It seems many sellers have with wildly inflated idea of their firearms values because they have the item and you don’t. I guess the long, short, and tall of all this rant is for a gun buyer to concentrate on the proverbial fruit and not the flower.

PS: Jim in MO. I've used Shaw barrels. They're a good button-cut barrel. I had just as good luck with them as Douglas and Shaw barrels are available. It takes a long time to get a barrel from Hart and Douglas now. One famous barrel maker's shop is/was his garage in Syracuse, NY. Good barrels, but it took you two-years to get delivery.

Unfinished stocks by Bishop and Fajen were very good, and cheap...although there was a lot of wood on them to file off.

I hold any person who starts making his own rifles really begins to gain some shooting knowledge. Enjoy the Journey!

Chad Love

I ran across a couple of Dave's cast-aside and forsaken rifles over at Champlin's in Enid one day a couple years ago, but they weren't anywhere near $500...

Jim in Mo.

Mark-1

What do you know about Hogue overmolded stocks. I've heard their well worth the money but looking at the pictures on their web site they look fat. I don't have large hands and i'll pay more for a good slender stock espesially in the wrist.

Bernie Kuntz

Jim in Mo.--Shilen barrels from Ennis, TX, and Lilja barrels from Plains, MT are some of the best made. They are not cheap but you never will regret having one installed on your rifle.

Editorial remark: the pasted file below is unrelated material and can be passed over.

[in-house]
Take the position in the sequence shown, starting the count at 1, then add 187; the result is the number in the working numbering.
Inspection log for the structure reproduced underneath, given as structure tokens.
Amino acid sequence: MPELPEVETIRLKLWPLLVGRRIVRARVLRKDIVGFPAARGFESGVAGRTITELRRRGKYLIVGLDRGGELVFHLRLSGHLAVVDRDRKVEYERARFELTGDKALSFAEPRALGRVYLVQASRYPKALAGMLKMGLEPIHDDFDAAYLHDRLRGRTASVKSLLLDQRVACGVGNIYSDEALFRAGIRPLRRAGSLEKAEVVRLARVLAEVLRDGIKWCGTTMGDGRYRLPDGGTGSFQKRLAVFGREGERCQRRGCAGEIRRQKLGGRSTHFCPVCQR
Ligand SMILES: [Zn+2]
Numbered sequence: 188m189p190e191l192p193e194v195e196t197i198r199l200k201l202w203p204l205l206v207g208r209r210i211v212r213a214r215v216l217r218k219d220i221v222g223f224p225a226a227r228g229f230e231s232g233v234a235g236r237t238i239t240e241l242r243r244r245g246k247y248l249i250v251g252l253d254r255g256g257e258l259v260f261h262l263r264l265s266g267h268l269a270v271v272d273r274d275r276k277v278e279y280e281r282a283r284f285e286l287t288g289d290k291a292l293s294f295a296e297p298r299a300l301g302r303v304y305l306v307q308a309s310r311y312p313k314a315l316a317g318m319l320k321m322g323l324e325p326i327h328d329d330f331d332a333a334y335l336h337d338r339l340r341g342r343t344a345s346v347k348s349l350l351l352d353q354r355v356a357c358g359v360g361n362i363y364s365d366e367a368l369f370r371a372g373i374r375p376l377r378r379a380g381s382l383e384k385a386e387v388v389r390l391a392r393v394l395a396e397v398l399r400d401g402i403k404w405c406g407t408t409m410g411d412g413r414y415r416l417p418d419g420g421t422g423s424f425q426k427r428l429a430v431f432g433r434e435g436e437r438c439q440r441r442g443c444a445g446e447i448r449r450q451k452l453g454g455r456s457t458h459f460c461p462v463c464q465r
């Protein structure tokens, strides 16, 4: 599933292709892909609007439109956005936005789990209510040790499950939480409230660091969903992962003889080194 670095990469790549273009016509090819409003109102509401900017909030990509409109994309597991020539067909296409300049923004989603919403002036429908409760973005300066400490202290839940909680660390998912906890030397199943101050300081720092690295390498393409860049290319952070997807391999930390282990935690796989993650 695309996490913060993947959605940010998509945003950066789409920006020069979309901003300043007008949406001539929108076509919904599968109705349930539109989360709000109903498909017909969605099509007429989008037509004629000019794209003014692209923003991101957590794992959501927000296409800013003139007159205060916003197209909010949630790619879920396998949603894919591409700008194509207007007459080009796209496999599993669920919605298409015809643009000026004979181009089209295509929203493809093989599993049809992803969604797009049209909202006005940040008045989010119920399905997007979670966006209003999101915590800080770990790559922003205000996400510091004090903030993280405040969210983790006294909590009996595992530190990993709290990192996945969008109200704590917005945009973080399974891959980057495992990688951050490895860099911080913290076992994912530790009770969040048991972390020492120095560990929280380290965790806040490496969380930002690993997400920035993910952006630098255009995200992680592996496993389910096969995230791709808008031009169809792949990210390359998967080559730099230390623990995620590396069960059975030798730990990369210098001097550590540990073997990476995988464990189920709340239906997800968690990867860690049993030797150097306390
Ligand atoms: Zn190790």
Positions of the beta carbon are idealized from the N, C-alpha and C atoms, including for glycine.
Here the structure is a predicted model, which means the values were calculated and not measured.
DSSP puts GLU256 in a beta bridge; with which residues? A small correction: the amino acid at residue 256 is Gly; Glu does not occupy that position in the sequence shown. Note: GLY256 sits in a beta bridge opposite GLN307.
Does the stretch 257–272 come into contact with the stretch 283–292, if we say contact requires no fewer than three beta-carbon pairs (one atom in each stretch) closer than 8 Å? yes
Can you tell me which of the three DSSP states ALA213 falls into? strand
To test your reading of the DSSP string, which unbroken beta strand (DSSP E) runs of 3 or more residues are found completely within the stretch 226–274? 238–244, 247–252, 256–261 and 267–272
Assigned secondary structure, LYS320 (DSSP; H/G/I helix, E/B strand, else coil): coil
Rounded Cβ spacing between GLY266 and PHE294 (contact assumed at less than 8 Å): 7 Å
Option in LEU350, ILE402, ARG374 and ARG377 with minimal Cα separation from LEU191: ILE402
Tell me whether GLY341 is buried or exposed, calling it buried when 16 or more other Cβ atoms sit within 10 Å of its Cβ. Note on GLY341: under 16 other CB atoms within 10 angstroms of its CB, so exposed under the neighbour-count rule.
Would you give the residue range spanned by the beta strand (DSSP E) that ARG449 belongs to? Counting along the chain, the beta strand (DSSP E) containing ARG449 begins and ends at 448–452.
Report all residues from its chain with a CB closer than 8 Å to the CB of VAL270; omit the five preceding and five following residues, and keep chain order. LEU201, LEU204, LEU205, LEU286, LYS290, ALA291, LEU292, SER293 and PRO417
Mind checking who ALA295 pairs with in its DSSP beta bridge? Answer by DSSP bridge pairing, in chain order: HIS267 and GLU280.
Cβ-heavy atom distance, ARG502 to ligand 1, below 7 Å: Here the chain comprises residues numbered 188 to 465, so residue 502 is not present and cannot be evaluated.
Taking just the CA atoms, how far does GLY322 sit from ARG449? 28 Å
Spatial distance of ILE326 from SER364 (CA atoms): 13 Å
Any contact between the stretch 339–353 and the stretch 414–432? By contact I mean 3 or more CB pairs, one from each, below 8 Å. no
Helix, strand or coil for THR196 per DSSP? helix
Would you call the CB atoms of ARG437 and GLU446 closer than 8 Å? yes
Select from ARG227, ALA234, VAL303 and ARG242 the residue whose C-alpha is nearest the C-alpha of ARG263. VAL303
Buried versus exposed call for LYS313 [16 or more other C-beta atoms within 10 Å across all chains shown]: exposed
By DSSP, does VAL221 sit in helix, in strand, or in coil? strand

Mark-1

Jim in Mo,

My experience with synthetic stocks is very limited although I have been exposed to the butt ugly things. I grudgingly admit they certainly perform well and do as claimed, yet I refuse to fall to the Dark Side by having my rifle so stocked.

My observation is a shooter better really like a synthetic stock’s particular dimensions since it seems rather difficult to modify pull, cast, pitch, drop, etc. I can’t say how synthetics compare in price to a good unfinished wood stock. Myself, I would check as many models out as possible in the flesh prior laying out the cash...prior to the Fall to The Dark Side.

Notice you seldom see synthetics on a trap gun. Trap shooter are always fiddling with their stocks.

PS: Gotta take a buddy up to get his new Beretta O/U. How cool is that?

Clay Cooper

Jim in Mo.
Hogue overmolded stocks are not the prettiest looking by far. However, if you have a rifle like my Remington 700CDL and you know it’s going to be dinged up and/or you need a shorter stock for your 8 year old grandson to be able to use it for his first deer hunt then I wouldn’t give Hogue overmolded stocks a second thought. There excellent for what they are intended for. No gunsmithing or fitting is required and it’s a snap to install. You use all the same parts to install it from your current application.

A many of hunters I knew in Alaska used synthetic stocks because of the harsh environments from torrential down pours to freezing temps, rock dings and falling half way down the mountain to name a few. Besides, at the end of a 4 day Alaskan Fly in hunt, that coyote ugly synthetic stock will be looking better than you, LOL!

Black Rifle Addict

so many guns...so little funds!

Ralph the Rifleman

I was looking over the Marlin web site yesterday and noticed they have a bolt action model back on the market. I believe it is chambered in 25-06,.270, and 30-06,only!
Does anyone have any experience with this model bolt offered by Marlin?
Dave, have you shot one yet?




Our Blogs

Categories



Syndicate